IN ALPHABETICAL ORDER
I hope that this glossary of terms will be useful. The page explains terminology, which is used in literary criticism and analysis. There are definitions, examples and illustrations:
An allegory may be viewed as a very extended metaphor. The term applies to a complete text where there is a secondary metaphorical meaning beyond the literal one. For instance, ‘Animal Farm’ is an allegory which casts light on the political events relating to The Russian Revolution, as well as having further allegorical significance in that it explores/exposes the differing natures of human beings. Shorter allegories are also referred to as Fables.
Alliteration is the repetition of the same initial sound in words of close proximity.
It is an important element of the English literary tradition, first appearing in Old English verse, in which the first three of a line’s four stressed syllables were alliterated. Here is an approximate example from Seamus Heaney’s translation of ‘Beowulf’:
‘The cup was carried to him, kind words
spoken in welcome and a wealth of wrought gold
graciously bestowed, ….’
You also may be interested to read the first verse of Tennyson’s riddle ‘The Eagle’, which has four stressed syllables to the line. The first line fully observes the Old English alliterative tradition.
The Alexandrine is a twelve syllable line of poetry. It is used by Spencer in The Fairie Queene and Keats in The Eve of St Agnes in the last line of each stanza. Here is an unusual use of alexandrines in this three-line poem by Mustapha Tattan:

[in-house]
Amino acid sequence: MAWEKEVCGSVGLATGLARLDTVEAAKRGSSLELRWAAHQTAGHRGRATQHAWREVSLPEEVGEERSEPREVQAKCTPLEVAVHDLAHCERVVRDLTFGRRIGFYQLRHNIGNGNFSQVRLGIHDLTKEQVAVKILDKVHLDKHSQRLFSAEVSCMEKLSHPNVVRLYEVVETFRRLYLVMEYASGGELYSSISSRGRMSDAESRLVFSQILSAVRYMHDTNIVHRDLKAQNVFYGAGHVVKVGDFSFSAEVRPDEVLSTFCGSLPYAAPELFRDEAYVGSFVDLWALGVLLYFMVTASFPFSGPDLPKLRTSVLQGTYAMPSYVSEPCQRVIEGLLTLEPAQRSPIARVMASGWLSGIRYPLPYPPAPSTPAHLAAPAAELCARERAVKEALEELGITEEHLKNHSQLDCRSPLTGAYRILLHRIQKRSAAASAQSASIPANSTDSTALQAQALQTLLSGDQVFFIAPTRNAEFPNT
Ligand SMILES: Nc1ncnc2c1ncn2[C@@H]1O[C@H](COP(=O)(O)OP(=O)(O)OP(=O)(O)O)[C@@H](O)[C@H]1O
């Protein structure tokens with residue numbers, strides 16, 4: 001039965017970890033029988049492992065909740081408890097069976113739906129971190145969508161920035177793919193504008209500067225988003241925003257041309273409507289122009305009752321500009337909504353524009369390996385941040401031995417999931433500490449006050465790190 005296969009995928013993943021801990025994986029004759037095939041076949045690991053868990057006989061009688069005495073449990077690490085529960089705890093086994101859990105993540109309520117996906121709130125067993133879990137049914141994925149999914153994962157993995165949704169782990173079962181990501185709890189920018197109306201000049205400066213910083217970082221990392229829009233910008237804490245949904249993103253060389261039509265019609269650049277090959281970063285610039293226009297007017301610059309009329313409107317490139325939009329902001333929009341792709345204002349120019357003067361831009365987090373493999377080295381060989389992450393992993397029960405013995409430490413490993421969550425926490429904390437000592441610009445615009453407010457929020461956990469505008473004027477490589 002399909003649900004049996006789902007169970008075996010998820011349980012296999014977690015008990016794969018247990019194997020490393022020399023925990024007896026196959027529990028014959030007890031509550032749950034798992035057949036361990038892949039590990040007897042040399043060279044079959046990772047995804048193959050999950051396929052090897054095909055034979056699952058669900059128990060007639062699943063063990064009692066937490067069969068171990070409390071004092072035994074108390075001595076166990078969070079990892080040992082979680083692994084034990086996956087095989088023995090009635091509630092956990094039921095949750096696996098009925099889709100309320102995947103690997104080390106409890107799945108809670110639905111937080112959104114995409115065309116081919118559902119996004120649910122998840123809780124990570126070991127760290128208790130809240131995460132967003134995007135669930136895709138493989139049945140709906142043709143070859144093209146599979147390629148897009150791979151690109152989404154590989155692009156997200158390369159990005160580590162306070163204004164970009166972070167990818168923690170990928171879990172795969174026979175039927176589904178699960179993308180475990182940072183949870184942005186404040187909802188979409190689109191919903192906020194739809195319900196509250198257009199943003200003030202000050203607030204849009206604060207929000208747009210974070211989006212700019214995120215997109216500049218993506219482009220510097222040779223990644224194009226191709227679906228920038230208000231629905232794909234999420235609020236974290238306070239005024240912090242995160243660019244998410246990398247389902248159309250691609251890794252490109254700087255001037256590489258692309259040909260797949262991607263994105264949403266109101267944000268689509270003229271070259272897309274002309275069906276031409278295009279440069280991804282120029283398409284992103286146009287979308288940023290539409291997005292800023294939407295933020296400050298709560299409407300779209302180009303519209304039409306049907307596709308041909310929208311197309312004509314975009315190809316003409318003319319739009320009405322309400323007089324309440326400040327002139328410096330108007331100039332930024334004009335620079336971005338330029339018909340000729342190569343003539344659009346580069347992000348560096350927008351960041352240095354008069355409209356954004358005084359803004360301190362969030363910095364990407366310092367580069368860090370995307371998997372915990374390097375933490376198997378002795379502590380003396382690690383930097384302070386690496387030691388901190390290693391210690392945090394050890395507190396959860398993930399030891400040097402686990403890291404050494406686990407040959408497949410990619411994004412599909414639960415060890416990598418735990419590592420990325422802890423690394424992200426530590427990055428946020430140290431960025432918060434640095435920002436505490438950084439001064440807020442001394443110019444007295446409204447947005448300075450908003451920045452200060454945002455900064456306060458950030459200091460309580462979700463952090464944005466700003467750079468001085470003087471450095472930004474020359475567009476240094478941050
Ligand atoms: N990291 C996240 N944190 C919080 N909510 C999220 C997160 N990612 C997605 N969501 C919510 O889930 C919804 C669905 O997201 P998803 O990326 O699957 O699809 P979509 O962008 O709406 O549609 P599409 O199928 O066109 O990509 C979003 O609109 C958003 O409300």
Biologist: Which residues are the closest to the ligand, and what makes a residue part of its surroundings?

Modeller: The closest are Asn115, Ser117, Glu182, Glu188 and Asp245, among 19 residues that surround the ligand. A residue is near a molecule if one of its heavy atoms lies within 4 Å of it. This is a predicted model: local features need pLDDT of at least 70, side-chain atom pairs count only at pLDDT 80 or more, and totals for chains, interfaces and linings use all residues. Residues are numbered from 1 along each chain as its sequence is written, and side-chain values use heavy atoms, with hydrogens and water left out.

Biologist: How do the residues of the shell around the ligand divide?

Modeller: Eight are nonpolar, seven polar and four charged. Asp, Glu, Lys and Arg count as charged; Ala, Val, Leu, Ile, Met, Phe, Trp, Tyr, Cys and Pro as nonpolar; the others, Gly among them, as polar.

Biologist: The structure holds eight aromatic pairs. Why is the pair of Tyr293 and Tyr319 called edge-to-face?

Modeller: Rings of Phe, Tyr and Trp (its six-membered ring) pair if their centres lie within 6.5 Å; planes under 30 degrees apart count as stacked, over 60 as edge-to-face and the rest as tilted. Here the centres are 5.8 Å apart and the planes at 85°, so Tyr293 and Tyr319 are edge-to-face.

Antithesis is the use of contrasting ideas, characteristics, images or themes which are placed adjacently.
Similar in nature to ‘oxymoron’ which might be considered as a verbally condensed version.
This is the repetition of the same phrase at the beginning of a sentence or clause. It is a rhetorical device, used for impressing the reader/listener with the importance of the structural elements of the discourse.
Apart from it being a form of punctuation/spelling, apostrophe is an address to a person, thing or abstract idea. For example a character may exclaim ‘Oh heavens, why dost thou ….?’ In The Pardoner’s Tale, The Pardoner rhetorically exclaims: ‘O glotonye’ . In this case the device is used for humorous hyperbolic effect. The purpose is usually for rhetorical impact.
The repetition of the same vowel sound, usually after different consonants. Here is an example from ‘Kubla Khan’ by Samuel Taylor Coleridge: